The Department of Facilities Services has eight vehicles that will be offered for sale through sealed bid. Please visit http://www.case.edu/finadmin/plantsrv/vehm.htm for information on the vehicles, viewing date and location, and bid due date.
The Office of Student Activities and Leadership along with Thwing Center will sponsor an American Red Cross Blood Drive from 10 a.m. to 3 p.m. Tuesday, July 18 in Thwing ballroom, 2nd floor. Register online at http://www.redcrossdonor.org or call 1-800-GIVE-LIFE (1-800-448-3543).
The Plain Dealer, July 14, 2006
There soon will be twice as many police patrolling the Case Western Reserve University campus. The university is converting most of its 24-person unarmed security service into a full campus police force that carries guns and has full arrest powers. The 15 Case officers -- three patrolling on average at all times -- will join the 15 patrol officers of the University Circle Police Department who cover the campus, University Hospitals, and museums near campus. Cleveland police also serve the area.
Smoking marijuana can cause changes in lung tissue that may promote cancer growth, according to a review of decades of research on marijuana smoking and lung cancer. Still, it is not possible to directly link pot use to lung cancer based on existing evidence.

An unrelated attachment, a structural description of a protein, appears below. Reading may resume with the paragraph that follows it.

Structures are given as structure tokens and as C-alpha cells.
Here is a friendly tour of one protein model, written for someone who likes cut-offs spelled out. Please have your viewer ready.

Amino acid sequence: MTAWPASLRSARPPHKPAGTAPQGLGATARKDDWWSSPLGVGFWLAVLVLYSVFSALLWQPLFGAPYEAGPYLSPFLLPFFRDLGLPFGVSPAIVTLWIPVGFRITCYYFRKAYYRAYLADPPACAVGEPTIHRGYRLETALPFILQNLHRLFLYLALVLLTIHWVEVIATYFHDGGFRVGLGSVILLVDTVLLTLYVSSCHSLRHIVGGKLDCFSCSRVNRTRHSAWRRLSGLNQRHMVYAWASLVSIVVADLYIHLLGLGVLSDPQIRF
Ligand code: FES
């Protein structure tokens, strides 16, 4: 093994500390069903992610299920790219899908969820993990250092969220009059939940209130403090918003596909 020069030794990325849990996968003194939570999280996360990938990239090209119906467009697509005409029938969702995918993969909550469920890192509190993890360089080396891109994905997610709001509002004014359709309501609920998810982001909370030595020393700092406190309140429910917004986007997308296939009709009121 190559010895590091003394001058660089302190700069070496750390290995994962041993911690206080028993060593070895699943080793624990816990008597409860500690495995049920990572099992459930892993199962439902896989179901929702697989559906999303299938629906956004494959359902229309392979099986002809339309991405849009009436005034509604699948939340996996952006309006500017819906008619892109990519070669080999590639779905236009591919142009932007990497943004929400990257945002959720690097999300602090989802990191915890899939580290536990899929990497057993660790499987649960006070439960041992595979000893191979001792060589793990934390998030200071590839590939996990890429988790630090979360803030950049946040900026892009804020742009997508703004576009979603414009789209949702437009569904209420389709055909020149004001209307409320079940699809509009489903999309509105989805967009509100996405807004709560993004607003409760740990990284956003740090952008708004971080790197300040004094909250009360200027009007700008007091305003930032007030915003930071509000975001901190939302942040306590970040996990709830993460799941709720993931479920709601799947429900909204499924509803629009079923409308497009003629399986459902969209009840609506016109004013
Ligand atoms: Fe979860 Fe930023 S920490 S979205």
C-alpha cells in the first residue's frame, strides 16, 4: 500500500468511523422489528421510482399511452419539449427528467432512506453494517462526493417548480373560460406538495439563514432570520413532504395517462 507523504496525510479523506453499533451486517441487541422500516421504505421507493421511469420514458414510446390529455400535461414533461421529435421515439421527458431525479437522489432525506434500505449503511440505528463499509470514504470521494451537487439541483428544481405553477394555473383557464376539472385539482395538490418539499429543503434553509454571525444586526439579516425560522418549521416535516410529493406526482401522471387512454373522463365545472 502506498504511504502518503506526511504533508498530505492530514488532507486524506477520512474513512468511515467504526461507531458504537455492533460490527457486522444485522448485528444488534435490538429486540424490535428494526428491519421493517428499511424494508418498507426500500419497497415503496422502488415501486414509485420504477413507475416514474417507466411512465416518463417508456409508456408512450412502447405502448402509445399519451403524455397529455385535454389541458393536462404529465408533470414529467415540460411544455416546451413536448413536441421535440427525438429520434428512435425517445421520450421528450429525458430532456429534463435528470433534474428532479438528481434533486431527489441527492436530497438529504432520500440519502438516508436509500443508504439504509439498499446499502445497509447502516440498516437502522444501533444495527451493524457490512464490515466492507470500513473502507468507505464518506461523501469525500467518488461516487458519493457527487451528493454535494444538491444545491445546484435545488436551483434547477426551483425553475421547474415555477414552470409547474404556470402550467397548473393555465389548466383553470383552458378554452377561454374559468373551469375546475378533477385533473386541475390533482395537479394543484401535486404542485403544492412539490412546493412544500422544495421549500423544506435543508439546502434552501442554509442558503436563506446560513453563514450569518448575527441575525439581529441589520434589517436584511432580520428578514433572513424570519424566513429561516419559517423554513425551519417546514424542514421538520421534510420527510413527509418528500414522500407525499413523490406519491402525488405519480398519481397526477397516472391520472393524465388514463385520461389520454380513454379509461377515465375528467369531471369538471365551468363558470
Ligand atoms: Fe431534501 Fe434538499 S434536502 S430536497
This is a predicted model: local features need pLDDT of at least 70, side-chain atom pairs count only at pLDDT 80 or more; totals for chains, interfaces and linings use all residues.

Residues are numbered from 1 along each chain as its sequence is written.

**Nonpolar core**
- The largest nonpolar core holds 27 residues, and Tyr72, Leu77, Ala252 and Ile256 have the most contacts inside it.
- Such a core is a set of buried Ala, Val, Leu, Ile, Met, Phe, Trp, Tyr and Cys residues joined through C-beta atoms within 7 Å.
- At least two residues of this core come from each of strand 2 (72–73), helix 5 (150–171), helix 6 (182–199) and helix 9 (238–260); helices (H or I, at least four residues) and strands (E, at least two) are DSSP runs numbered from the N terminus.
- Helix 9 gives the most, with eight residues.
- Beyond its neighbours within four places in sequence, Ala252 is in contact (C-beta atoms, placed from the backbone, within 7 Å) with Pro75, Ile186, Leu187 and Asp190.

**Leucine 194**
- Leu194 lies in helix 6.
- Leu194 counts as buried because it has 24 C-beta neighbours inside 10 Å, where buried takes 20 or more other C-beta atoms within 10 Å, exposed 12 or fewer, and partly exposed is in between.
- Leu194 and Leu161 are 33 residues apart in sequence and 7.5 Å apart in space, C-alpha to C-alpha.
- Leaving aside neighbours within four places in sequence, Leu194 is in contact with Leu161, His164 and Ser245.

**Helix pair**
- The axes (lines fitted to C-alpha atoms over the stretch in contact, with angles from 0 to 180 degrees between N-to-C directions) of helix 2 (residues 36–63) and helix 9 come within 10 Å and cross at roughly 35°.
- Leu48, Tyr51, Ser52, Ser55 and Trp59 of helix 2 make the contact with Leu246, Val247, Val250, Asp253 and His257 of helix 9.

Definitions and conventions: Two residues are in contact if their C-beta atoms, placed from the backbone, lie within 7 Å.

More than 40 percent of Americans 12 and older have tried marijuana at least once, Dr. Reena Mehra of Case Western Reserve University in Cleveland, Ohio, and her colleagues point out.
Crain's Cleveland Business, July 13, 2006
A Case Western Reserve University social work faculty member has been chosen to help lead a national team studying foster care reform. The Annie E. Casey Foundation selected David Crampton, an assistant professor at Case's Mandel School of Applied Social Sciences, to be lead investigator for the analysis of Team Decision Making, one of the four core strategies of the Baltimore-based social reform foundation's Family to Family initiative. The three other strategies include recruiting and training foster families, using data to self-evaluate and building community partnerships.
Crain's Cleveland Business, July 13, 2006